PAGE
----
Oil hits 11-month highs on Saudi cuts, shrugs off U.S. unrest

By Laura Sanicola NEW YORK (Reuters) -Oil prices edged higher on Thursday, hitting 11-month peaks as markets remained focused on Saudi Arabia's unexpected pledge to deepen its oil cuts and firmer equities, shrugging off political unrest in the United States. Brent crude rose 18 cents to $54.48 a barrel by 1:32 p.m. EST (1832 GMT) after touching $54.90, a high not seen since before the first COVID-19 lockdowns in the West.

Reuters January 08, 2021 01:05:32 IST
Oil hits 11-month highs on Saudi cuts, shrugs off U.S. unrest

Oil hits 11month highs on Saudi cuts shrugs off US unrest

By Laura Sanicola

NEW YORK (Reuters) -Oil prices edged higher on Thursday, hitting 11-month peaks as markets remained focused on Saudi Arabia's unexpected pledge to deepen its oil cuts and firmer equities, shrugging off political unrest in the United States.

Brent crude rose 18 cents to $54.48 a barrel by 1:32 p.m. EST (1832 GMT) after touching $54.90, a high not seen since before the first COVID-19 lockdowns in the West.

U.S. West Texas Intermediate (WTI) was up 24 cents to $50.87, after hitting a session high at $51.28.

On Wednesday, a mob of President Donald Trump's supporters stormed the U.S. Capitol after he urged them to protest Congress's validation of his election loss. Crude futures prices briefly dipped during the unrest.

Oil prices have been supported this week by a pledge by Saudi Arabia, the world's biggest oil exporter, to cut output by an additional 1 million barrels per day (bpd) in February and March.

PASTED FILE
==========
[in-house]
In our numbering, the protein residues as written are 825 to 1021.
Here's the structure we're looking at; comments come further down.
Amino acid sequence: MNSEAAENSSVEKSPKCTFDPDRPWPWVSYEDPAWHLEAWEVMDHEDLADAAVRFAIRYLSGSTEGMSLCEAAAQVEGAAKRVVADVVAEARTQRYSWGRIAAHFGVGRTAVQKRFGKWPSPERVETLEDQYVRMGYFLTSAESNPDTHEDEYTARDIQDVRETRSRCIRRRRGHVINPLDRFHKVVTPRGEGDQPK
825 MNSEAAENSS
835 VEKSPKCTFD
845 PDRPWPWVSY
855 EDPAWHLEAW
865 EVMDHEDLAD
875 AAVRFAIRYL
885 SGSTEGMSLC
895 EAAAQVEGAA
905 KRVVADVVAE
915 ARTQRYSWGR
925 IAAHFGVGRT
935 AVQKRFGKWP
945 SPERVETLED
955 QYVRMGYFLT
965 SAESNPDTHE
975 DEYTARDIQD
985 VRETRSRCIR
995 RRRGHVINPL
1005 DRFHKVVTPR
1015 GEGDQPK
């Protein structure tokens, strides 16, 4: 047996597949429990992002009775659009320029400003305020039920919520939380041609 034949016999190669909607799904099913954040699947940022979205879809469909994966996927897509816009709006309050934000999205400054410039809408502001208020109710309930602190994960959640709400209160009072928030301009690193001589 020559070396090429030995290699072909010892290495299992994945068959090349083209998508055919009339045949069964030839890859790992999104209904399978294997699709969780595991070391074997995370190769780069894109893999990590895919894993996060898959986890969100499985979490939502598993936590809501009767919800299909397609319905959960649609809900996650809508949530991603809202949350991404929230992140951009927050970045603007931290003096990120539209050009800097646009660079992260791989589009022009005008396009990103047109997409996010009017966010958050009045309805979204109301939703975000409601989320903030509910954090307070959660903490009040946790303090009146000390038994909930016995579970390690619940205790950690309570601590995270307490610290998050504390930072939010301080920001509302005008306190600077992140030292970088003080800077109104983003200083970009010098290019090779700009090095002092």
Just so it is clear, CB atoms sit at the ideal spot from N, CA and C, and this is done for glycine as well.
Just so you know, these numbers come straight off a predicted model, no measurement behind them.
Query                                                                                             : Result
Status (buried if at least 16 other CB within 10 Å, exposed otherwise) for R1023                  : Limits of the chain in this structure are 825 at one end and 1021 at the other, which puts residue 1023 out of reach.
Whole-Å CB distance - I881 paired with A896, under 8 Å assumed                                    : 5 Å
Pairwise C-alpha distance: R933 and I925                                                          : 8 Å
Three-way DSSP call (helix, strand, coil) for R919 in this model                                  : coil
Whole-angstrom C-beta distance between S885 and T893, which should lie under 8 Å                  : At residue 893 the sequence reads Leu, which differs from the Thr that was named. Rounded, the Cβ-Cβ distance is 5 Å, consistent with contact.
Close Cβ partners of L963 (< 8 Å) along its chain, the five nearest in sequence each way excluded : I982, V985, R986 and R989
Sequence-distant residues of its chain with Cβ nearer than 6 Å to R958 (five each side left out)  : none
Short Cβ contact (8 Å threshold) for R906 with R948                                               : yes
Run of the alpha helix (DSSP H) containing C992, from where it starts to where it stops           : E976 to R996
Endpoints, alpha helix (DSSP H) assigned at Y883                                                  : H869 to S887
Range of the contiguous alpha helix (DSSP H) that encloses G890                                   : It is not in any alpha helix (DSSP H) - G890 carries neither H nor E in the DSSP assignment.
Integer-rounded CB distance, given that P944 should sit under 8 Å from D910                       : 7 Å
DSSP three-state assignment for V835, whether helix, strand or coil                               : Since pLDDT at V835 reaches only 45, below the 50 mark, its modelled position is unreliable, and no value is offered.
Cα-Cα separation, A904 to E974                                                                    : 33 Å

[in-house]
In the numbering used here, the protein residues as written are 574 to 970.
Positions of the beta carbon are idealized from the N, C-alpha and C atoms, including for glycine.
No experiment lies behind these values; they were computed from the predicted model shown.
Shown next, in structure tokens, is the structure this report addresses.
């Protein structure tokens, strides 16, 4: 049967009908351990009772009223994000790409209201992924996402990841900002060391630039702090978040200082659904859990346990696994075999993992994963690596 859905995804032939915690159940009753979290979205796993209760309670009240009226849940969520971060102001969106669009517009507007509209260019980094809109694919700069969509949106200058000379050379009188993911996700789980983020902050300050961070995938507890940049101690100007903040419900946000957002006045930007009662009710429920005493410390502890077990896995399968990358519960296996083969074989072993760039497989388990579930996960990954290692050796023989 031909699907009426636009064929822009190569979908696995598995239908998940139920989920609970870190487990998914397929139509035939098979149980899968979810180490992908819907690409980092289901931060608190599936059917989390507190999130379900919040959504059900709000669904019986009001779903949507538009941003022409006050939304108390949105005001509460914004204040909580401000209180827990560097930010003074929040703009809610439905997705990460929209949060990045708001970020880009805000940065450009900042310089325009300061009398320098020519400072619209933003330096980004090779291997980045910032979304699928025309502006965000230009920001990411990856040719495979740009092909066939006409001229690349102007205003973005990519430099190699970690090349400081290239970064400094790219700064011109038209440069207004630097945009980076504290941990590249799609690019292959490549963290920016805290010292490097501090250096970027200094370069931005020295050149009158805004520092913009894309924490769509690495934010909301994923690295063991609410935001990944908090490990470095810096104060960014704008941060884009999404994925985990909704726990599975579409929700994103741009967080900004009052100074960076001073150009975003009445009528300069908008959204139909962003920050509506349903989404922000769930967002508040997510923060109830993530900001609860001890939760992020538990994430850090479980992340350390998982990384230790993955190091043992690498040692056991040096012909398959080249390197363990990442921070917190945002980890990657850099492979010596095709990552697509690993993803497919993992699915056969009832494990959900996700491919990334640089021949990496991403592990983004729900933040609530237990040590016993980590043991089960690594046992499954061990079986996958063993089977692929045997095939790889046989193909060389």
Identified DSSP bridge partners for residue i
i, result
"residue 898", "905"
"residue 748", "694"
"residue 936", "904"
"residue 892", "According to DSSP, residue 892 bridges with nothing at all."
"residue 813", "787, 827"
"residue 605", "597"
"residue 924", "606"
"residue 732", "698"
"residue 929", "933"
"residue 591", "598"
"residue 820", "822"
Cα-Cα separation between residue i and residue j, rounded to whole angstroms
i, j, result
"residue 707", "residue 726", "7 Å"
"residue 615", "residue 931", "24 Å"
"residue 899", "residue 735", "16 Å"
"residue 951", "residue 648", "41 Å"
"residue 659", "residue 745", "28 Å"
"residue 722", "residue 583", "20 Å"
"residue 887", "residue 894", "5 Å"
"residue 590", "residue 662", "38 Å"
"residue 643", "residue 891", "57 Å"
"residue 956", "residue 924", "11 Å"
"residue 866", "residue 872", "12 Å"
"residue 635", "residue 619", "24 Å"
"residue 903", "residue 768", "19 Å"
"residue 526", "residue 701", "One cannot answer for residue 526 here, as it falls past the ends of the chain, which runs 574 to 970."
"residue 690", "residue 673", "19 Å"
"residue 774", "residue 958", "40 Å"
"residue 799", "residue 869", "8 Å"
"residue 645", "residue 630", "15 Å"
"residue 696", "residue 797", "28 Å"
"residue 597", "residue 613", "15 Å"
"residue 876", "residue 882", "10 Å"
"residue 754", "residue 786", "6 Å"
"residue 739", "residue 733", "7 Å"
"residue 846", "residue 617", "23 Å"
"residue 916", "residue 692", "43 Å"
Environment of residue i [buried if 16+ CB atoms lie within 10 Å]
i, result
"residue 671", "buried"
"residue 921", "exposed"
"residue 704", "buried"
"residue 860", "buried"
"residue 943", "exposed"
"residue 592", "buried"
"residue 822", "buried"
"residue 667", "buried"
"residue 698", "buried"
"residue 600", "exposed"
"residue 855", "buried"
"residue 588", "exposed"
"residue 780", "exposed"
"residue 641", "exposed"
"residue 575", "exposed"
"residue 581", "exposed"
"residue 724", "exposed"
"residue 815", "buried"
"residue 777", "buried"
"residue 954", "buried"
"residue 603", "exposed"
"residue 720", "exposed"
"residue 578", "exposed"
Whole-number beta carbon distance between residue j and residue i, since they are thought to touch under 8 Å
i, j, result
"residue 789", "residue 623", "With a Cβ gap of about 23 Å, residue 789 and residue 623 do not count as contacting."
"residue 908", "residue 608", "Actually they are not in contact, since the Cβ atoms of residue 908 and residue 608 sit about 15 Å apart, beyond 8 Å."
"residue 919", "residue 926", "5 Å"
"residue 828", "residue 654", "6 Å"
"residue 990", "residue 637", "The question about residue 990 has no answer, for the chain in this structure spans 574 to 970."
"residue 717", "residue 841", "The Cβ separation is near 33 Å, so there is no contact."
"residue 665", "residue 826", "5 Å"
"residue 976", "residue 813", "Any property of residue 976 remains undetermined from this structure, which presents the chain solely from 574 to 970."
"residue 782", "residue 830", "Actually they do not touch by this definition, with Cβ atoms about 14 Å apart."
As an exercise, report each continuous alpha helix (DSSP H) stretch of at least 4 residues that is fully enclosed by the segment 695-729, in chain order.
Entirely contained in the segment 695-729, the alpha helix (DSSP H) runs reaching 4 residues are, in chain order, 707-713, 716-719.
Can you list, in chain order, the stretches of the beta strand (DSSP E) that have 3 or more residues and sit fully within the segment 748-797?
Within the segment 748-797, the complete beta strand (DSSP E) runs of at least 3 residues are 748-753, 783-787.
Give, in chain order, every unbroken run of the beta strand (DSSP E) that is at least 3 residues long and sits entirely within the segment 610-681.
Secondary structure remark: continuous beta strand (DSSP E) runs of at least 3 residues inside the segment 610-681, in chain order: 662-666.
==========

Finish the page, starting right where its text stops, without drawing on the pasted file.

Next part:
"By next month, this bull market could re-establish into higher levels mainly with the benefit of Saudi Arabia’s unexpected voluntary 1 million bpd production cut," Ritterbusch added.

Seven North Sea crude cargoes were bought and sold in the trading window operated by Platts on Thursday, a record amount that trade sources say may reflect tighter supply after the surprise cut.

UBS analysts raised their forecast for Brent to $60 per barrel by mid-year, citing the Saudi output decision.

"Saudi Arabia ...intimately knows the relationship between the oil price and the global inventory levels. Lower inventories equal higher prices," SEB chief commodity analyst Bjarne Schieldrop said.

Global equities were higher as investors believe U.S. President-elect Joe Biden would be empowered to spend more freely following victories by two Democrats senators in Georgia that gave them control of both chambers of U.S. Congress. [nL1N2JI1A9]

"Expected stimulus measures under a Biden administration that will likely include significant infrastructure investment represents a supportive consideration capable of boosting gasoline and diesel demand," said Jim Ritterbusch, president of Ritterbusch and Associates in Galena, Illinois.

(Additional reporting by Noah Browning and Aaron Sheldrick; editing by Kirsten Donovan and Marguerita Choy)

This story has not been edited by Firstpost staff and is generated by auto-feed.

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